I have not updated my website in a bit. Life has gotten in the way. It’s on my priority list now. 😁

    1. Author

      Thanks, Kris! Enjoy the Traveling Lens. It sure is good to be back out in the world! Or it was. Now I’m home after 48 hours in transit and the jet-lag is killing me! The small price we pay, right (well, other than the larger prices we pay…) 🙂

  10. Heading off to Bots in a couple of months so your posting is timely for me. Funny to think of one sitting in a safari vehicle in the middle of the plains among thousands of animals and getting stumped on what to shoot next, but it happens.

    My pre-visualization training starts a few months before I head off on safari. I Indulge myself in Paul Nicklen, Charlie Hamilton James, Karine Aigner and a few other really good wildlife photographers to refresh my POV and composition thoughts. On safari the communication with the driver is key since you can’t get really low on the ground as you are in a vehicle. If they know you want to be low they can often get into ravines and low points in the terrain so you can have some eye to eye level contact. The closer you get to a cat the harder that is as you always seem to be shooting down. Thats one of the struggles I’ve deal with in the past. When you get home and see that the majority of the shots of large cats up close are the same POV it can be discouraging.

    Its easier to work the scene during the early morning and late afternoon when the light is so amazing but after about 9:30-10 am it starts to get a lot harder. I attempt long exposure images of motion (with ND filters of course) but haven’t done a lot of BW in the past. Perhaps i’ll give your suggestion a try this time. The white balance shift with the blue lion is also an interesting concept to try. Shooting into the sun can really give interesting results on the larger mammals. I never seem to get the animals along the ridge in silhouette. For some reason they just won’t cooperate or didn’t get the memo. 🙂 maybe this time.

    Enjoy the rest of your adventure.

    1. Author

      Charlie – Sounds like you know the struggle well. Have a great trip to Botswana! I’m jealous, I still haven’t got myself to the Delta and I’m dying to go. Bon Voyage!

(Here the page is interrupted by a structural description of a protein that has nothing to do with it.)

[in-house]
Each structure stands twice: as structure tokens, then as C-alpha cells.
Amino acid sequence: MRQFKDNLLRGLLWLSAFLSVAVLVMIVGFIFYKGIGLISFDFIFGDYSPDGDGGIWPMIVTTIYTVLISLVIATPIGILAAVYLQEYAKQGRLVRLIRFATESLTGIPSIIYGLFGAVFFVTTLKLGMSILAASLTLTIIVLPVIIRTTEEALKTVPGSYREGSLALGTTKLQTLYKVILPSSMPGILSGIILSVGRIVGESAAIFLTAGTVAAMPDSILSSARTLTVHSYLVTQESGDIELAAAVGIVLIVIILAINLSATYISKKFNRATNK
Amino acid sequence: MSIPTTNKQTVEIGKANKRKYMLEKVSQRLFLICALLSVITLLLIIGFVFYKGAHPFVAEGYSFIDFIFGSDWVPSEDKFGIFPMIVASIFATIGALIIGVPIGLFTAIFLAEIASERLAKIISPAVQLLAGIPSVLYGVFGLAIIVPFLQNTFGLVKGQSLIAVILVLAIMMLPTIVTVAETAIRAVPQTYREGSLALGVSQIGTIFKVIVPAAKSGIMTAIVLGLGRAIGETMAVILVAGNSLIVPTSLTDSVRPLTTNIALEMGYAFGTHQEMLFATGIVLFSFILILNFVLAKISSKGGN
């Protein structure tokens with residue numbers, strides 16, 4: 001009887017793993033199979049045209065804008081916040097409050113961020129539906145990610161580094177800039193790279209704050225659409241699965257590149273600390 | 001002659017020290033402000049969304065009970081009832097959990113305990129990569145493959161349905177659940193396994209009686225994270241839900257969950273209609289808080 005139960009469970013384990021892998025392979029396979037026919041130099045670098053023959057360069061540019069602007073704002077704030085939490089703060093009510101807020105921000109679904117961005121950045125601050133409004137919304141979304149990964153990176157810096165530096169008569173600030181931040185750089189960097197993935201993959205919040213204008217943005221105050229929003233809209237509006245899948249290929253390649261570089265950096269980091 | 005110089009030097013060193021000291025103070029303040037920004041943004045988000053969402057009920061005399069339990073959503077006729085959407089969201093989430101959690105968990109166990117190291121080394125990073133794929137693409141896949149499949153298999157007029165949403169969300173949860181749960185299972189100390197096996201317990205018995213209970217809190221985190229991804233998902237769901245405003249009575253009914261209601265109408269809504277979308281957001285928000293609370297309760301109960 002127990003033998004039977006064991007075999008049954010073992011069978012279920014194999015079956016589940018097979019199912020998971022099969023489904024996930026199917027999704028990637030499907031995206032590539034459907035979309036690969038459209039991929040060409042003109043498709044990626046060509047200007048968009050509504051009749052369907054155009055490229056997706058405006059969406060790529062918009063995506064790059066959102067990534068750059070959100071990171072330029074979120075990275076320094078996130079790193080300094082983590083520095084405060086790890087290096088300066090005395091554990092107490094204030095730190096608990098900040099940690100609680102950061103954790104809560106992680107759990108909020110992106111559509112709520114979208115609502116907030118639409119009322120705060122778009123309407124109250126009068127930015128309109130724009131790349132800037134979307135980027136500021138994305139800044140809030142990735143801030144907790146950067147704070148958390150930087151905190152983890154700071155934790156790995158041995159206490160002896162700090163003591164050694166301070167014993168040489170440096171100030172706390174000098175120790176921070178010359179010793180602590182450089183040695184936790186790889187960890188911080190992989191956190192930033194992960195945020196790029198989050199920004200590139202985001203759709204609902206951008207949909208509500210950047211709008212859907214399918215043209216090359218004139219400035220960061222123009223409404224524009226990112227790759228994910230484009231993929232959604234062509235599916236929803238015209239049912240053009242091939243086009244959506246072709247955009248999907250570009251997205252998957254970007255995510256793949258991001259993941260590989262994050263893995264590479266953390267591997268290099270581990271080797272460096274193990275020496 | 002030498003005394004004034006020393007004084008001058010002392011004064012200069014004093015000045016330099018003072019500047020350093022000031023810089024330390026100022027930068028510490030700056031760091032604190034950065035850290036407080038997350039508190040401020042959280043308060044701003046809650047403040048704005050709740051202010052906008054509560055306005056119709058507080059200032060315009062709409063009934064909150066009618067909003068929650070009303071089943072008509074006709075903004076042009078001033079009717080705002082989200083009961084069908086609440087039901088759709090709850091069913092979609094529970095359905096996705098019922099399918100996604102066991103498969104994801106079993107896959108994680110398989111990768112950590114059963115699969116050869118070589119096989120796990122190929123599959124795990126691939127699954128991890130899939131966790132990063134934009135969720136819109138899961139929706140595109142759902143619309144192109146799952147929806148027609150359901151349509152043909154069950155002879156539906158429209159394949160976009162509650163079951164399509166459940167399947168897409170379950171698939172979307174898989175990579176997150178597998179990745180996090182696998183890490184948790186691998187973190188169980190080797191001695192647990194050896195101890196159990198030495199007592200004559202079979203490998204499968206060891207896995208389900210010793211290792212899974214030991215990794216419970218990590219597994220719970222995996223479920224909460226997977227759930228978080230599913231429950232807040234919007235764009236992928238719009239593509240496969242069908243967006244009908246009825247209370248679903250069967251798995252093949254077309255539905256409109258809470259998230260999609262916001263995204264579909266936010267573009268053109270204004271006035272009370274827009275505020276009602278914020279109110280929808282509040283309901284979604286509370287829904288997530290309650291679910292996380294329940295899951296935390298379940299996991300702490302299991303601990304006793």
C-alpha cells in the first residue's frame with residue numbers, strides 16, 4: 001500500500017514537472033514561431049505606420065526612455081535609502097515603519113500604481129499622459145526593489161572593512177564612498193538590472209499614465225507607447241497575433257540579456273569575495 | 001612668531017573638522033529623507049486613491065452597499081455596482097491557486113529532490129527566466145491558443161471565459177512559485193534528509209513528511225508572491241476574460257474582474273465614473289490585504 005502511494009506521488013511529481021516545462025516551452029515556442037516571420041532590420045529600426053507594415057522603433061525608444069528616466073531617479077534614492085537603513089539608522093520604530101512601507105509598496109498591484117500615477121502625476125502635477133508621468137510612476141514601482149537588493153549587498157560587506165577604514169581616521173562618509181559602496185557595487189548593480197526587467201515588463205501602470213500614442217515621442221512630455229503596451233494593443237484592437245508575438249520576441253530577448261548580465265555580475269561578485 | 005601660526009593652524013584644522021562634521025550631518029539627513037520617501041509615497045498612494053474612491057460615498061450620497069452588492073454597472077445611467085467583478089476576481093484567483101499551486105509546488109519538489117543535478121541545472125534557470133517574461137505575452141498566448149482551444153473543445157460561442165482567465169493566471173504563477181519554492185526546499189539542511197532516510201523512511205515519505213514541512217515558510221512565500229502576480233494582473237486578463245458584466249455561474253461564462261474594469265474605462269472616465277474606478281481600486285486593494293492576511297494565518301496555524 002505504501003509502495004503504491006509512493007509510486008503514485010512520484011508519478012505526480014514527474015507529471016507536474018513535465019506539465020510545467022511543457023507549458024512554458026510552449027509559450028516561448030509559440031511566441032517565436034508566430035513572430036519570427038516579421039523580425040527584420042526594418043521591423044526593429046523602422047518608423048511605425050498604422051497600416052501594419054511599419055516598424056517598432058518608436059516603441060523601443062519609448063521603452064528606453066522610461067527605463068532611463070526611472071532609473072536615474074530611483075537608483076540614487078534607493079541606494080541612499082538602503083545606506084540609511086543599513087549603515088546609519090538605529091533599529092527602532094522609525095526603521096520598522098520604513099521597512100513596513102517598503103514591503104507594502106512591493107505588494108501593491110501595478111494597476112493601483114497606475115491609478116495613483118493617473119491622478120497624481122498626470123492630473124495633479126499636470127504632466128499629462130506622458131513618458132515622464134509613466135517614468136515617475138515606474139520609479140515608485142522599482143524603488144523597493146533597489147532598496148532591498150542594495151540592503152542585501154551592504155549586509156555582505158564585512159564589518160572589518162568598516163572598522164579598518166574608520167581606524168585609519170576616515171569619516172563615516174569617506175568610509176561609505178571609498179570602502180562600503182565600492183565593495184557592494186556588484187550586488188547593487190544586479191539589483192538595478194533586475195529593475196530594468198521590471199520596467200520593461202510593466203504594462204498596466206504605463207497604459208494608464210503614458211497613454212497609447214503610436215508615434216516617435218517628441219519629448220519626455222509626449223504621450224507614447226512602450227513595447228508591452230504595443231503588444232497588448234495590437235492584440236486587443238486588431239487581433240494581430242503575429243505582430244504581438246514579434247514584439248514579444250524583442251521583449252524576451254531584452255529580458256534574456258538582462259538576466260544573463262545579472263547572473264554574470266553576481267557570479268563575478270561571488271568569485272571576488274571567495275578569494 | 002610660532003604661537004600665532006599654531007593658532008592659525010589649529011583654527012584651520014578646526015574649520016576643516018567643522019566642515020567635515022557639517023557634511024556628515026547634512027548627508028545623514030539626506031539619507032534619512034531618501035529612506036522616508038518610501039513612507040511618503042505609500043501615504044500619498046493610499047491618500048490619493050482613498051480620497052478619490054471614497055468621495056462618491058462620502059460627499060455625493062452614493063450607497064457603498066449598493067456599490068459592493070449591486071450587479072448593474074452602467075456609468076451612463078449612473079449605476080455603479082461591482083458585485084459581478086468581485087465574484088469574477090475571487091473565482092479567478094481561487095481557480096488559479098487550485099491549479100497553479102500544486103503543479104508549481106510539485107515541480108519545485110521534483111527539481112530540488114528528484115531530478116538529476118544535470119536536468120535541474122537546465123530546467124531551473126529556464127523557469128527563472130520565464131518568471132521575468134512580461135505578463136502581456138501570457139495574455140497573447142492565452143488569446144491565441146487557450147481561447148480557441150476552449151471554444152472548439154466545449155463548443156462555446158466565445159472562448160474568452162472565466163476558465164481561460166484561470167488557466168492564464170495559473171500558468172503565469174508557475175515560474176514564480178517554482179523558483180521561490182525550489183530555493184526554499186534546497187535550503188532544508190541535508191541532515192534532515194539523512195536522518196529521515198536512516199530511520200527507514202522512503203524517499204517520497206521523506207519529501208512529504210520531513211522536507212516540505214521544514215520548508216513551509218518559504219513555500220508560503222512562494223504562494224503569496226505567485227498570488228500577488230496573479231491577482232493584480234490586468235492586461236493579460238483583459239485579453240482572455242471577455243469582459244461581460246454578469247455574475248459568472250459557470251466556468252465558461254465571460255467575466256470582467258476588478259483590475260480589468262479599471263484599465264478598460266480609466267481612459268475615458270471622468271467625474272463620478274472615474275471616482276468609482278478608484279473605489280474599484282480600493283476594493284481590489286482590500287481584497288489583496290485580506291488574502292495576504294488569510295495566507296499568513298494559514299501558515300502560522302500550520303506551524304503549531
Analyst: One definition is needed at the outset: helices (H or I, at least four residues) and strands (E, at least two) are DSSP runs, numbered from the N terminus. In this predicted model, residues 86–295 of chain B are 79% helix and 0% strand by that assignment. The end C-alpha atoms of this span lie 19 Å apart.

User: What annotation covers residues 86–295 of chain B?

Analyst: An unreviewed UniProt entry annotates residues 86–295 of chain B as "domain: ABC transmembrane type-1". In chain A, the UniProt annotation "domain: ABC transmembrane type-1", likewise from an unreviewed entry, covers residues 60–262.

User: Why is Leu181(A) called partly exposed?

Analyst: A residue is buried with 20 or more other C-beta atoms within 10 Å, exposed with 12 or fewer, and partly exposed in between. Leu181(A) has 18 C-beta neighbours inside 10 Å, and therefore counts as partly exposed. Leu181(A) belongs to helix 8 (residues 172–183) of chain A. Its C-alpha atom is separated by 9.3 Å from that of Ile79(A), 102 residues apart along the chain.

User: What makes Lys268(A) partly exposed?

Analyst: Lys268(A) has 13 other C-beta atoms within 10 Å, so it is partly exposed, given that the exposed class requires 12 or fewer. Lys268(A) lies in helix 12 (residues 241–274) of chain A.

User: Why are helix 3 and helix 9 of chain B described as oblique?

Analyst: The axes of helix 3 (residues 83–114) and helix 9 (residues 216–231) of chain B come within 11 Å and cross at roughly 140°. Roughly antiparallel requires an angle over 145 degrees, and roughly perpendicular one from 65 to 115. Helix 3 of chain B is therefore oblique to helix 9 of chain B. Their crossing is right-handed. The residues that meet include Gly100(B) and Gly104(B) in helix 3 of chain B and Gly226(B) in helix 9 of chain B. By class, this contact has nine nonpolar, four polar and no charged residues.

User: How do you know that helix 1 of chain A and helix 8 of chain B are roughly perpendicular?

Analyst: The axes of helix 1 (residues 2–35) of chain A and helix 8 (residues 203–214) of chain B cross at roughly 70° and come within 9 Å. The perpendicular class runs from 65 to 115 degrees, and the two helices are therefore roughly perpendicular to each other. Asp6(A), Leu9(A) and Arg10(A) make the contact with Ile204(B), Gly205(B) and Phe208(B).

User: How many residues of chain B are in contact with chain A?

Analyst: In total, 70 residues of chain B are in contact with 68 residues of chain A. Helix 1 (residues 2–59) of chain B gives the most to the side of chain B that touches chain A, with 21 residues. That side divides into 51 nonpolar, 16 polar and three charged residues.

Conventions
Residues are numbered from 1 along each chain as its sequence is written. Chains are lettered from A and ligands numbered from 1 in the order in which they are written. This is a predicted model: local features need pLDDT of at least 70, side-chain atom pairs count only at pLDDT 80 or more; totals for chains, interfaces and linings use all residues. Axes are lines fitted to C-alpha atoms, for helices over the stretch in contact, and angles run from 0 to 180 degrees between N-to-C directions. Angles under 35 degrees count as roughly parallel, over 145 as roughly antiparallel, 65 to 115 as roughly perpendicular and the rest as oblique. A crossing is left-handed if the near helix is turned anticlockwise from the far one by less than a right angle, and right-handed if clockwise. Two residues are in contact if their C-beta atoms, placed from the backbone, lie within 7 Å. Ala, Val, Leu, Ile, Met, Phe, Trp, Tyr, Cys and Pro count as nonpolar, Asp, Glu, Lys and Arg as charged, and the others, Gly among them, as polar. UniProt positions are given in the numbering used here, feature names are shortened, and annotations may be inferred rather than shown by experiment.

11. David, I’m curious about the image of the lions that “wasn’t working” in colour. Did you make the conversion to B&W in-camera, or in post processing?
    I come from a film background somewhat like “Saint Ansel” (love the humours title :)) and now, of course, shoot digital. However, I rarely, if ever, look at an exposure on the LCD screen while making images. I treat my digital camera like a film camera. I trust what my eye “sees” either through the Viewfinder or on the LCD, if I’m using it like a TLR camera. Plus I always shoot RAW image file format, which gives me that creative latitude when I’m in post.
    I’m curious again, do you have a preference for JPEG or RAW, or do you shoot JPEG+RAW?
    (Am enjoying your frustrating SRO course. It’s really forcing me to go uncomfortable places. Thanks:)

    1. Thank you so much David for your beautiful, compelling images. We have had to reschedule our trip to South Africa and Botswana for the third time, this past December when our flights were cancelled to due to Omicron. Glad to the see the animals are there, waiting patiently, and apparently, being cooperative.

      I am using this extended pre-departure time, to take your Travelling Lend Master Class, and to practice this art form that i have always loved, but never had the time to be serious about. I would also like to know whether you shoot in RAW or JPEG + RAW. And for whichever you choose, why.

      Thanks so very much David for sharing what you do, and for helping us all take the time to look differently at the places we travel.

      1. Author

        Hi Kelly! See my reply to Edward but I ALWAYS shoot in RAW. In the past I’ve shot in RAW+JPG so that I could use the Fujifilm film emulations. I’ve switched recently to Sony and have (to be honest) no idea yet what my approach will be while working on a monochrome project but I suspect I’ll shoot RAW and set my viewfinder/LCD to show me the world in black and white. But always shoot RAW, it gives me the most control over the conversion to monochrome.

        Sorry to hear about the re-schedule of SA and Botswana. I had to do the same last year. But it looks like things are getting better. 🤞 We just returned from Kenya and were amazed at how much easier travel was than we expected. More hoops to jump through, for sure, but it was nice to have quieter airports etc. Enjoy The Traveling Lens!

    2. Author